Creating a Personal Retreat

As I’ve written before, I’ve been trying to take one day a month and do a personal retreat for myself. It’s been really helpful to give me a time to center, slow down, and really look at what I’m doing. I’ve had a few people ask me about how I do it and what I do while I’m there. I’m happy to supply what I’ve managed to figure out for myself. There is no one “right way” to do this, so feel free to take this information and massage and adjust it for your own purposes.

Ames Free Library, Easton, Massachusetts

I’ve found in many cases when I’m describing something, that I can use the framework of the “W” questions words (who, what, when, where, why and how) to make sure that I cover all the bases. With that said, here’s how I do it.

Who: Mostly, it’s just me. I have done it with others, and I have a group personal retreat set up for the day after Thanksgiving. See my Alternative Black Friday event on the Calendar page.

What: I do a lot of different activities on my retreat, and they usually need to have some equipment. The standards for me are:

  • A packed lunch
  • My journal
  • My iPod/phone so that I can listen to relaxing music or meditations
  • Art supplies, usually pencils and paper, but you could use anything as long as it isn’t too messy
  • A book
  • Any materials on a project that your working on that you need focused time

When: I like to give myself a few hours to do a retreat. I’ve tended to go about 10 a.m. to 4 p.m. That seems to be enough time. Any day of the week would work, but I’ve usually picked out a Saturday where I can sleep a little late and also have time afterwards.

Where: You could do it just about anyplace, but I would suggest doing it somewhere outside of your own home, so that you don’t have all the distractions around you. While I’ve done them at retreat centers, I’ve found for myself that a library is a great resource! There are lot of beautiful libraries what have spaces to sit, think, read and work. I started choosing many of the towns and cities to visit on the Meditate Mass 351 Challenge by finding ones that have good libraries open on Saturdays! It’s free and you get to be in some beautiful spots with some interesting artwork.

Why: To get centered and grounded, and to work on a particular project where I need to get away from distractions and do some deep thinking.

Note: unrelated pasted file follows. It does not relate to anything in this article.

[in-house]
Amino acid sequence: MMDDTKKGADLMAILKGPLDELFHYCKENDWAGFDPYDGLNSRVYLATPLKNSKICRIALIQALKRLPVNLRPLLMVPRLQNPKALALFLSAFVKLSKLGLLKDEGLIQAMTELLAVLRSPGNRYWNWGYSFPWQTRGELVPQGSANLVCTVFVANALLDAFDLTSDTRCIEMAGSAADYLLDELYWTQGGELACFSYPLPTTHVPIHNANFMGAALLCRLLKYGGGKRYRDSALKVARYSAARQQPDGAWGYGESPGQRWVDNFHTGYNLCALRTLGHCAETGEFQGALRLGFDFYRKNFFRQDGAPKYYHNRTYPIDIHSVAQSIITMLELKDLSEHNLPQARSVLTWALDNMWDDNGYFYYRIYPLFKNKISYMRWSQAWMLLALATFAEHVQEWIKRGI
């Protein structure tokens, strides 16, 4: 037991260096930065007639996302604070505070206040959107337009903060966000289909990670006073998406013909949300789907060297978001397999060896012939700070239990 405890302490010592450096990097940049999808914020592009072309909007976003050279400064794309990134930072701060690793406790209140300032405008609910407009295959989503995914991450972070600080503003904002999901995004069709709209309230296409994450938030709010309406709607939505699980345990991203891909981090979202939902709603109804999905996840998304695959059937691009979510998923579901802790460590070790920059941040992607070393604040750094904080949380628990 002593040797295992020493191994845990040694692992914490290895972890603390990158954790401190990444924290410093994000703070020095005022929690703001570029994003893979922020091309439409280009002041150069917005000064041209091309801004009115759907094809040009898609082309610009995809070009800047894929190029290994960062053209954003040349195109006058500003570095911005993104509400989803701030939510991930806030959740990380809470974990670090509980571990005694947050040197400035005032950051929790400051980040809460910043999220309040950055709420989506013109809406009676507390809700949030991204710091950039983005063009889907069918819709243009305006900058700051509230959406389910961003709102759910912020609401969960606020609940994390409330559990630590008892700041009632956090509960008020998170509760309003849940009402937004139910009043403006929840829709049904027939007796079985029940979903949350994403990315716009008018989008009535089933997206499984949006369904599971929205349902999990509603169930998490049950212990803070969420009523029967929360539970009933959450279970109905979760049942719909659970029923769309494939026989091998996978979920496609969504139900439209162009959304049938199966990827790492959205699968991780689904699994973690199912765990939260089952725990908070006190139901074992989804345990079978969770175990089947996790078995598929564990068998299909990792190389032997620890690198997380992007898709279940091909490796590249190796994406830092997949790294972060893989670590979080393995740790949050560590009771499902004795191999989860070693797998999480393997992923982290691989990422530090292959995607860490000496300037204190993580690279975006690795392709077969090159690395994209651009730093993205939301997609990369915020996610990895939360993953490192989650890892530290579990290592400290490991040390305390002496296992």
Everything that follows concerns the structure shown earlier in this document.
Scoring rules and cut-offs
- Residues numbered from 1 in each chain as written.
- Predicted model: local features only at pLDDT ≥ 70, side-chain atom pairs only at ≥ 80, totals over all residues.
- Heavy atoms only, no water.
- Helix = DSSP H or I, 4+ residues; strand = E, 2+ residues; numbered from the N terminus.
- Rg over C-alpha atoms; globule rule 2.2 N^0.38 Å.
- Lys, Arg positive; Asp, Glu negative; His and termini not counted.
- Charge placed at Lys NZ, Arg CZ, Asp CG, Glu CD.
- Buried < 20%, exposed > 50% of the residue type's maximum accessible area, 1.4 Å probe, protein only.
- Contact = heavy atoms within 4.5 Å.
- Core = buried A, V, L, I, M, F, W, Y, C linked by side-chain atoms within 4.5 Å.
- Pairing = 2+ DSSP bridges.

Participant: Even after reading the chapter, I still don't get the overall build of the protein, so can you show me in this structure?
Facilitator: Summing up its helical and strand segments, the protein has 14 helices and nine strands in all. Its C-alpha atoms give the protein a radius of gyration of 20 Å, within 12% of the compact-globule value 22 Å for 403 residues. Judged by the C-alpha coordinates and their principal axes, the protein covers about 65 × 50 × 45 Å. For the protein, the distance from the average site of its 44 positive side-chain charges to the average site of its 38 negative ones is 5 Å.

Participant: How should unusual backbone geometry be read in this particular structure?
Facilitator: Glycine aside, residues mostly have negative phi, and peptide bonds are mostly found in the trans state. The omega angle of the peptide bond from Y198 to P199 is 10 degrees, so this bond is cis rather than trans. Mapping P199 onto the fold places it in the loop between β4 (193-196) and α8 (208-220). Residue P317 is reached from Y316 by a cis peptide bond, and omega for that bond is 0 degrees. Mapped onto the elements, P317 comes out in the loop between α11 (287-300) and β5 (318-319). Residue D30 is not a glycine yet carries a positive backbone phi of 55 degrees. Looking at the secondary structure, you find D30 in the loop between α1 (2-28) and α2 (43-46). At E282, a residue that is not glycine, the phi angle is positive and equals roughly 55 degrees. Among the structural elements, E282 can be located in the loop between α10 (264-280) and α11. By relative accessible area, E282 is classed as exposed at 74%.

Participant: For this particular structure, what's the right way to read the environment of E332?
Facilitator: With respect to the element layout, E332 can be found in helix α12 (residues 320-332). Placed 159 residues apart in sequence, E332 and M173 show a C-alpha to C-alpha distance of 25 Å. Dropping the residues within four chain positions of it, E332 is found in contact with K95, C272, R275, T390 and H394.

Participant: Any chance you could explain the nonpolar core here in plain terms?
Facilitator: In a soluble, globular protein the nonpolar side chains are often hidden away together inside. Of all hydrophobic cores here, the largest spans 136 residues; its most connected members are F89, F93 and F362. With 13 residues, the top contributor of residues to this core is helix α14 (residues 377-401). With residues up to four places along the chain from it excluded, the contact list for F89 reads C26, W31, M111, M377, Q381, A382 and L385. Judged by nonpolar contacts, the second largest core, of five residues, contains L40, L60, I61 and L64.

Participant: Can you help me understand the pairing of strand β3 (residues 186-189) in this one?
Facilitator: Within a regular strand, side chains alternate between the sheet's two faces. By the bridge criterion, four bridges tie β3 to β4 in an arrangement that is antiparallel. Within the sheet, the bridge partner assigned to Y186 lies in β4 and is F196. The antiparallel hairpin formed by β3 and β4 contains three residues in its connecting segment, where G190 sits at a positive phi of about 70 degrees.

How: Okay, this is the nuts and bolts of it. There’s the general outline of my activities. You can do them in any order. I normally also repeat some of them during the course of the retreat.

  • Journaling: I usually start with some journaling time, just to do a brain dump and get my head clear. I try to do a version of Julia Cameron’s Morning Pages, so that would be about three pages of just writing out stuff. Sometimes is gibberish, sometimes it’s plans for what I’m going to do, sometimes it’s a deep personal insight. Whatever it is, just let it be. This is just to get to into the space.
  • Meditating: I try to meditate for anywhere from 6-15 minutes, just to get me to notice my breathing, notice what chatter my mind is going through my mind. This is something that I try to do daily anyway, so it’s reinforcing that practice.
  • Reading: I usually bring a book and try to just get some reading done. There are usually about 10 books that I’m either working on or want to read, so it’s usually easy to find something.
  • Creating Art: I usually try to find something interesting to draw, but it might be a continuation of a piece I’ve been working on. It could even be doodling. Whatever it is, the point is not to make a masterpiece. The objective is to get yourself into that more right-brained, non-linear thinking process.
  • Walking: I always take time to go for a walk. There’s usually something to see, but I also want to get my body moving and breathing fresh air. I usually do somewhere in the nature of 15-30 minutes.
  • Working on a Project: If I’ve got something that I’ve been wanting to develop, but haven’t had the brain space to really think about, this is when I do it. I try to have a nice table to lay everything out, and I usually have a different, and more relaxed, perspective on it after I’ve done a number of the other activities mentioned above.

This is what has worked for me, and it’s likely to change in the future. It’s got enough structure to it to help me along, with enough flexibility. If you wanted to do interpretive dance, poetry reading, or something else, go ahead! Make it yours as I’ve made it mine.

So, when do you take time for yourself?

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